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Davide Nicolini, Maja Korica and John Powell HSRN Managing the unmanageable? 5 December 2013 This project was funded by the National Institute for Health.

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Presentation on theme: "Davide Nicolini, Maja Korica and John Powell HSRN Managing the unmanageable? 5 December 2013 This project was funded by the National Institute for Health."— Presentation transcript:

1 Davide Nicolini, Maja Korica and John Powell HSRN Managing the unmanageable? 5 December 2013 This project was funded by the National Institute for Health Research Health Services and Delivery Research Programme (project number 09/1002/36 ). The views and opinions expressed therein are those of the authors and do not necessarily reflect those of the HS&DR Programme, NIHR, NHS or the Department of Health.

2 About the project 2 year NIHR HS&DR-funded project Research questions - How do NHS chief executives source and use knowledge and ‘evidence’? - What does being a chief executive in today’s NHS practically entail? Method: Qualitative, in-depth study Shadowing of daily activity, min. 5 weeks each Sample: 7 CEOs of NHS acute and MH trusts Aim: Provide nuanced, rich accounts, not judgments or recipes 2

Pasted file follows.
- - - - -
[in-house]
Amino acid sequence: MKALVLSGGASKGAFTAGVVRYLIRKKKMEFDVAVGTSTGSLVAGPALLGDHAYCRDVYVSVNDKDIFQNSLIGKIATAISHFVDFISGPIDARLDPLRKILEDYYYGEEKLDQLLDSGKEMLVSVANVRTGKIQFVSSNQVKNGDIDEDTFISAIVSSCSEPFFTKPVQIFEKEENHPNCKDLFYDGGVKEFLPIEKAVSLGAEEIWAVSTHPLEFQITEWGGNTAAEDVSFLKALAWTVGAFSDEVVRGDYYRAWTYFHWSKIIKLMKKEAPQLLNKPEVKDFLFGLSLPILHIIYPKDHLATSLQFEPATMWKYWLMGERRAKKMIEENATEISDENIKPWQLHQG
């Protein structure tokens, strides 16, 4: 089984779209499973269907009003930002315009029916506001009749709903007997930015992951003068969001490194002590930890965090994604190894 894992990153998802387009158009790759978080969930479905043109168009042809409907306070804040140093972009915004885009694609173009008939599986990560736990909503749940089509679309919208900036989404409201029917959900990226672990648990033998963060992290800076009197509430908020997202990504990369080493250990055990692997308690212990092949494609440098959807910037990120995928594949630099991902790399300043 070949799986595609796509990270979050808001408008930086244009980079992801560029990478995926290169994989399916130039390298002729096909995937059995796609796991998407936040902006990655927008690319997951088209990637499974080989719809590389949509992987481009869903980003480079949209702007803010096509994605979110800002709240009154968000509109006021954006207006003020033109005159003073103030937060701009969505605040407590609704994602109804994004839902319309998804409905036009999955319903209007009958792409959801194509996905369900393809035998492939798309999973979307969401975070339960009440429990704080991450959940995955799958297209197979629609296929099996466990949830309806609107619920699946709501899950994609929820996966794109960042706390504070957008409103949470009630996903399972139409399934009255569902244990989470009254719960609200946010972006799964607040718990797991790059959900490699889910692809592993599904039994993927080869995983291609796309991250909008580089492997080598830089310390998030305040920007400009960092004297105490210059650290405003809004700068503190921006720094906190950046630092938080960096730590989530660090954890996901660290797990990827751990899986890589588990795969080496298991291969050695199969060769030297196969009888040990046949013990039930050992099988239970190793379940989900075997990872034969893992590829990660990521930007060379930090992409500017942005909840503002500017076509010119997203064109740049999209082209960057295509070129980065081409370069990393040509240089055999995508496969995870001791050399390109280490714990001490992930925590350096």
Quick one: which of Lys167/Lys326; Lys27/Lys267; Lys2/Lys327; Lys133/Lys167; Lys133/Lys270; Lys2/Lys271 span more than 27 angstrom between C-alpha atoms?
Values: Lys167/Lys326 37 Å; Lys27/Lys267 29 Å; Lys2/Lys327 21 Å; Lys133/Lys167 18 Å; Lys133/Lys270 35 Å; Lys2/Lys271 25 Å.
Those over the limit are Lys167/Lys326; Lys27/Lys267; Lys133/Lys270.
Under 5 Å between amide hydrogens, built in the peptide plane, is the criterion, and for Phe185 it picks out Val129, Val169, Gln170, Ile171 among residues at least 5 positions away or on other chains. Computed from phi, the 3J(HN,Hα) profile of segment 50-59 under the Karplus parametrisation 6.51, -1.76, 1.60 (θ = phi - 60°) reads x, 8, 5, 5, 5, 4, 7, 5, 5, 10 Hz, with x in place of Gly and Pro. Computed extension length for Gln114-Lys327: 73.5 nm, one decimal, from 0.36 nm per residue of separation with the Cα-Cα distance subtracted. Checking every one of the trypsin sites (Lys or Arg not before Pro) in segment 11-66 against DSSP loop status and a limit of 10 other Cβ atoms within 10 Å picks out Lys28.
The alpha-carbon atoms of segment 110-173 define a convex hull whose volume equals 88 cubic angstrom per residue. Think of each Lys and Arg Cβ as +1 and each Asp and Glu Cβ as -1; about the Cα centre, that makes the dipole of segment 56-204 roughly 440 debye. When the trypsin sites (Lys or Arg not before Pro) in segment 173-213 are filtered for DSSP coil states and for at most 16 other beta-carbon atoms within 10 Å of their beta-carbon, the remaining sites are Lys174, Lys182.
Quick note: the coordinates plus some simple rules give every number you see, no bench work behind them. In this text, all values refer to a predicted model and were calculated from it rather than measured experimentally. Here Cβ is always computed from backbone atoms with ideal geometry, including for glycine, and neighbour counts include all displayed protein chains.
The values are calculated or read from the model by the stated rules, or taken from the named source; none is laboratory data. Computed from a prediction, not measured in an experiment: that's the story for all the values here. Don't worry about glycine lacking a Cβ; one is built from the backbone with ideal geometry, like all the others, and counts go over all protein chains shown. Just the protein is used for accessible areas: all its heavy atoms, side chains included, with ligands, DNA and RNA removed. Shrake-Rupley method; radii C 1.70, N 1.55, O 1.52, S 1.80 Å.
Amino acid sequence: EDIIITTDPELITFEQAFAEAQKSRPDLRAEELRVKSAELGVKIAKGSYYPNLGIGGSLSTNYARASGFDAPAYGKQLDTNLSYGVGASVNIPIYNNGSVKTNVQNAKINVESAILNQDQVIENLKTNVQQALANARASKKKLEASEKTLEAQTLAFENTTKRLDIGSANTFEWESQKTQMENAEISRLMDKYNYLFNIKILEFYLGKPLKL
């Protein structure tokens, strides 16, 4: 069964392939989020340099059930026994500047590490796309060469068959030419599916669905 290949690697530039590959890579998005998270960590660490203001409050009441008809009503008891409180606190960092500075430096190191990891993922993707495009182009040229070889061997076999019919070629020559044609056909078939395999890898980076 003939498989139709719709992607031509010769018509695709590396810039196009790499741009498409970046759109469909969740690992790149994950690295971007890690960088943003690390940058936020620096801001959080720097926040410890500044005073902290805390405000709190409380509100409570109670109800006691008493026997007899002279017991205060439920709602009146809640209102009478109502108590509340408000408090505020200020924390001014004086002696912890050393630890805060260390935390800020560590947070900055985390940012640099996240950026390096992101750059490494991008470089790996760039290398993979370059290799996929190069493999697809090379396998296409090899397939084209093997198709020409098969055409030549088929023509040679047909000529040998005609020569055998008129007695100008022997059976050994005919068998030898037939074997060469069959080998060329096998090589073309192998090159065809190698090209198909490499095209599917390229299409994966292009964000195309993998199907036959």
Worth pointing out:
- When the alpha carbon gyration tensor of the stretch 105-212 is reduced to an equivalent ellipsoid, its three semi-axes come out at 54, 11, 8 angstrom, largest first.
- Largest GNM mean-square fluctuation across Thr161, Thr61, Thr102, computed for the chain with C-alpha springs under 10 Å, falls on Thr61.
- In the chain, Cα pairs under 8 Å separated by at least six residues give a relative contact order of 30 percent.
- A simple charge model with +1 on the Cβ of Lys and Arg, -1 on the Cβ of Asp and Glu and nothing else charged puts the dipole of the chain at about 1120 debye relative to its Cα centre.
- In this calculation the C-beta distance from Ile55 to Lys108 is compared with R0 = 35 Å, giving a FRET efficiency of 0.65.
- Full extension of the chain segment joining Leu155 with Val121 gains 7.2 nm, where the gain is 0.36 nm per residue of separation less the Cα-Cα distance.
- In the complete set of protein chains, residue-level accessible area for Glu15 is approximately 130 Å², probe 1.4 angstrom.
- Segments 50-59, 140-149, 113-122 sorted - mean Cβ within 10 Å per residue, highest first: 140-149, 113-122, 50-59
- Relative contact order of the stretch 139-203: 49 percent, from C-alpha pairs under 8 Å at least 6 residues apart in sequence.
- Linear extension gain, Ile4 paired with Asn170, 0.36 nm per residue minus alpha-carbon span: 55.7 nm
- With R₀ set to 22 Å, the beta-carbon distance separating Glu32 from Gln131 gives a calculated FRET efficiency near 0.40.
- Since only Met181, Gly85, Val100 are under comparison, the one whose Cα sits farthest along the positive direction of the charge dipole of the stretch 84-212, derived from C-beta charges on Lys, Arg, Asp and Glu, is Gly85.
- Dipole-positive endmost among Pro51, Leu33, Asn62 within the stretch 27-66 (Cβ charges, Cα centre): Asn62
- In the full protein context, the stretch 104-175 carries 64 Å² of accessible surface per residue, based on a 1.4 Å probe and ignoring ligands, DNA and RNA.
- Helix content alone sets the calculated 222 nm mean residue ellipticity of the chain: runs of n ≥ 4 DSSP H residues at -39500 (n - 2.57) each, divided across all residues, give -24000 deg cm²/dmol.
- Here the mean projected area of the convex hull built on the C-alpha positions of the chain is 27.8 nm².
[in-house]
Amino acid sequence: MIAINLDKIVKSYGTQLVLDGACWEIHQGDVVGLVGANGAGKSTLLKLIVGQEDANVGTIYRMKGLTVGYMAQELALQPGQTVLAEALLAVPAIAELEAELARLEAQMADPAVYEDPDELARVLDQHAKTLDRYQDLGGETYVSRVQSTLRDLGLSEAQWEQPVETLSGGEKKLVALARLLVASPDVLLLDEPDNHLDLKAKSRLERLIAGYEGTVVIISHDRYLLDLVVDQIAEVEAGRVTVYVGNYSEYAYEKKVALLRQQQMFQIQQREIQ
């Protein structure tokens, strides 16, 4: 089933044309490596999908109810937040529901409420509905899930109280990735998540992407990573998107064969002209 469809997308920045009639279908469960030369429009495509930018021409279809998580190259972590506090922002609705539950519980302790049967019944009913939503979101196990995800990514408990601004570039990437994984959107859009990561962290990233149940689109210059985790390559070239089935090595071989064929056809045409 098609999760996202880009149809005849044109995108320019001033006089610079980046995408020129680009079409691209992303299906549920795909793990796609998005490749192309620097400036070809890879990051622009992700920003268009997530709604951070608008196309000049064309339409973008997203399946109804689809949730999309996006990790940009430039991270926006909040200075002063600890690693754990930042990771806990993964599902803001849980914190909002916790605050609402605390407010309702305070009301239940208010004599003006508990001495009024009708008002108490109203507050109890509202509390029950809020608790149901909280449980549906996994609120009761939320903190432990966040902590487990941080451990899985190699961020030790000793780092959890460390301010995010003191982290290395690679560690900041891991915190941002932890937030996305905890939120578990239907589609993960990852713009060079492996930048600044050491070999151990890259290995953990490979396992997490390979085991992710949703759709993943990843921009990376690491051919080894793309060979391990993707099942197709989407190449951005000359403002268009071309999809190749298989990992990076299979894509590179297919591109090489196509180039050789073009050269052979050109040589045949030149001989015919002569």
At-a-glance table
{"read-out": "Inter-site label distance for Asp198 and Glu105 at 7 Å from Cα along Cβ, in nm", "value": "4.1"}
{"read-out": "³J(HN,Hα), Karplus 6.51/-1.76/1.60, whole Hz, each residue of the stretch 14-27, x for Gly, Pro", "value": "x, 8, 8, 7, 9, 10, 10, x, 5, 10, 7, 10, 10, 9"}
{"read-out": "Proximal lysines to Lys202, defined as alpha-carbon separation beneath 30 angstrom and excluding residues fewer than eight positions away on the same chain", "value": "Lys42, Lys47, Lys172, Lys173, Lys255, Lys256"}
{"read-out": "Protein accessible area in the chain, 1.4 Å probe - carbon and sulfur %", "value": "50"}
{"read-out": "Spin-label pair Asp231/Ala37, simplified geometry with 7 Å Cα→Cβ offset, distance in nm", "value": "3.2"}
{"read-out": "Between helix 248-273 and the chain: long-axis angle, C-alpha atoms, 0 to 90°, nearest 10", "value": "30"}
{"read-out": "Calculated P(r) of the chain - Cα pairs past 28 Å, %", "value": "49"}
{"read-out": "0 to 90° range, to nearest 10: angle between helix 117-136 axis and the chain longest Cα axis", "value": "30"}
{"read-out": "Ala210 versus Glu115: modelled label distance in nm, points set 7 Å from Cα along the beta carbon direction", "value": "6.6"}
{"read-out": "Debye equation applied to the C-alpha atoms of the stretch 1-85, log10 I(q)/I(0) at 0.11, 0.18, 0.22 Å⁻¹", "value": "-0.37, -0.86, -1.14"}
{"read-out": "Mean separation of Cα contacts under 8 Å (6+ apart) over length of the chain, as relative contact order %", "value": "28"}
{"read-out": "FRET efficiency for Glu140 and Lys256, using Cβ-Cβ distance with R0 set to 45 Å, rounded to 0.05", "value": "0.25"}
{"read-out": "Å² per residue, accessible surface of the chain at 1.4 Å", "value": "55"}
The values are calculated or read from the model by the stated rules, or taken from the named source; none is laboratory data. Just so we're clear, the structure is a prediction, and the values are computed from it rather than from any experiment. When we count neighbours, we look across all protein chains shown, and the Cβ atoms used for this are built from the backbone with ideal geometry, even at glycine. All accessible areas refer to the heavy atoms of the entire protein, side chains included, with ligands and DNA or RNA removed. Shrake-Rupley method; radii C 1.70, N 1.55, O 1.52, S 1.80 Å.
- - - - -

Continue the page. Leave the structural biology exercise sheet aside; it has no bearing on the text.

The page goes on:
4 Knowledge mobilisation in theory 4

5 Knowledge mobilization in practice “The CEO has been in the office since 7.25 am, listening to the news on the radio. By the time I arrived, he had checked the local press, dealt with emails and [social media], and read the documents for the afternoon meeting… By 08.35, he had 3 corridor meetings. He worked on and off for about 20 minutes on the presentation for the LET B meeting. At 08.50 there was a fire alarm. We stood outside for a good 15 minutes, during which the CE had four friendly business exchanges with different people, which allowed him, among other things to collect information on the Safety 5 Month initiative. He also spoke to the Director of Public Affairs, the Chief Nurse and the deputy Chief Nurse, and told them about [a certain] meeting, repeating what he had told others, and developing further the rationale for new acquisitions…”

6 Warwick Business School Mobilizing knowledge as work Traditional’, by-the- book instances of K mobilisation rare K mobilisation as part of everyday CEO work and by-product of other activities Main practical concern: “am I knowledgeable enough to stay on top of the things that matter?” 6

7 Warwick Business School 7 Four modes of making oneself knowledgeable in practice Intentional problem - driven seeking Deliberate monitoring Heedful /non-directed monitoring Unanticipated finding Individual issue-specific search (rare). Mostly through delegating and establishing contacts with experts /friends Meetings, monitoring key performance indicators, monitoring conversations Impromptu conversations, open door, creating expectations, events, visits, walkabouts Unplanned by-product of doing other things